... At least not for a few more years.
Smasher for Life
Troubled as Super Smash Bros. was at EVO, things have changed quite a bit since 2008. The rapid growth of eSports, among other things, have forced developers to recalibrate their stance toward competitive communities. Game Freak and The Pokémon Company, formerly somewhat cagey regarding their stance on competitive Pokémon, began organizing the Pokémon Video Games Championship in 2009, and have since largely embraced the hardcore element of their fandom. They've even acknowledged EV Training through Pokémon X and Y's Super Training mode, which significantly streamlines the process.
"It's definitely had an influence on the games. For example, X and Y just had their first world championship back in August, and we're always watching how the players are playing the games, of course," Game Freak's Junichi Masuda told us in a recent interview. "At this most recently Worlds, a big surprise for a lot of people was that Pachirisu was used in a really creative way, which was a big surprise to us as well. It was awesome."
If the Pokémon competitive community is occasionally frustrated with Game Freak, Luo says, it's mostly due to balance issues. "I think that for Pokémon, as a Nintendo game like Smash Bros, competitive balance is only one of many priorities in development, which is something that often frustrates competitive players. That's why things like Project M (for Smash Bros) or Smogon (for Pokémon) spring up. They've also signaled very clearly that 4v4 doubles is the primary balance target, and is the format that their tournaments are built around. Since the games themselves are mostly played in 6v6 singles, there's a lot of demand for competitive 6v6 singles battles which is neglected."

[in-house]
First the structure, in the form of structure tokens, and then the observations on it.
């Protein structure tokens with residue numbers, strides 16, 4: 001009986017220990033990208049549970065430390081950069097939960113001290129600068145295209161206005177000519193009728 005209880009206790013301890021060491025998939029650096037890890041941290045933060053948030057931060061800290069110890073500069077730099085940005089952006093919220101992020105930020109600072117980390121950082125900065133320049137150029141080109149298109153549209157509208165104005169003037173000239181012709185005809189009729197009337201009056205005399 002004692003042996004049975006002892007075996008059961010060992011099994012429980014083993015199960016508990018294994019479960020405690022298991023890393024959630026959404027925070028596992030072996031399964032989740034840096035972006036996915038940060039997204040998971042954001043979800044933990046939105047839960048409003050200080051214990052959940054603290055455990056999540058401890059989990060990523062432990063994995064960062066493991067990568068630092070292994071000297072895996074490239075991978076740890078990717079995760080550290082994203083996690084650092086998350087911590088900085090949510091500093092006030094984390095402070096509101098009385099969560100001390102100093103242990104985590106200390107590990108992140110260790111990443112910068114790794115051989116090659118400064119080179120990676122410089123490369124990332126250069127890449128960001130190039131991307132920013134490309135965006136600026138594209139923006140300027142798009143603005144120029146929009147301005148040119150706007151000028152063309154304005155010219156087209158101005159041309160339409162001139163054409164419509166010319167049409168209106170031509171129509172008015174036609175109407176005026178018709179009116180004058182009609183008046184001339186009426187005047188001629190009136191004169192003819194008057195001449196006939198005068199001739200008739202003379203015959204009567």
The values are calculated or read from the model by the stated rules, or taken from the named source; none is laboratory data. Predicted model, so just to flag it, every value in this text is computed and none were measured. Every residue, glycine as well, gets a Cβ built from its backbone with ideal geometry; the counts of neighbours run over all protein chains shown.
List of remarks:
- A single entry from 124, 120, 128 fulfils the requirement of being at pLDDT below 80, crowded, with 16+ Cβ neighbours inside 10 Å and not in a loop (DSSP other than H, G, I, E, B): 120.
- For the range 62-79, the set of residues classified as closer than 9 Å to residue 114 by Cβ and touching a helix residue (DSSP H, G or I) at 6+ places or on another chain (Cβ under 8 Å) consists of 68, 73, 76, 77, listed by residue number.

Still, Game Freak is definitely paying attention, which counts as positive progress for the community. And in recent years, attitudes have turned around a bit on competitive Smash Bros. as well, with the latest version on the Nintendo 3DS even bowing to the community and introducing a "For Glory" mode that automatically removes items and makes every stage flat. Sakurai still stresses that he wants to target the experience "at the center" and not a "very small, passionate group of sort of maniac players," but he says he also appreciates high level competitive play. He even has some experience with it himself. "Personally, I have a lot of experience playing in the arcade scene, and personally came out as a champion of a 100-person battle in arcade Street Fighter II," he told Kotaku proudly in a 2013 interview, though he admits it was a "long, long time ago." Even the fighting game community has buried the hatchet somewhat, allowing Super Smash Bros. Melee back into EVO in 2013, and affording Smash Bros. regular coverage on the community's flagship site Shoryuken. The warmer relationship has much to do with business interests, Brown says, as well as being "older and wiser."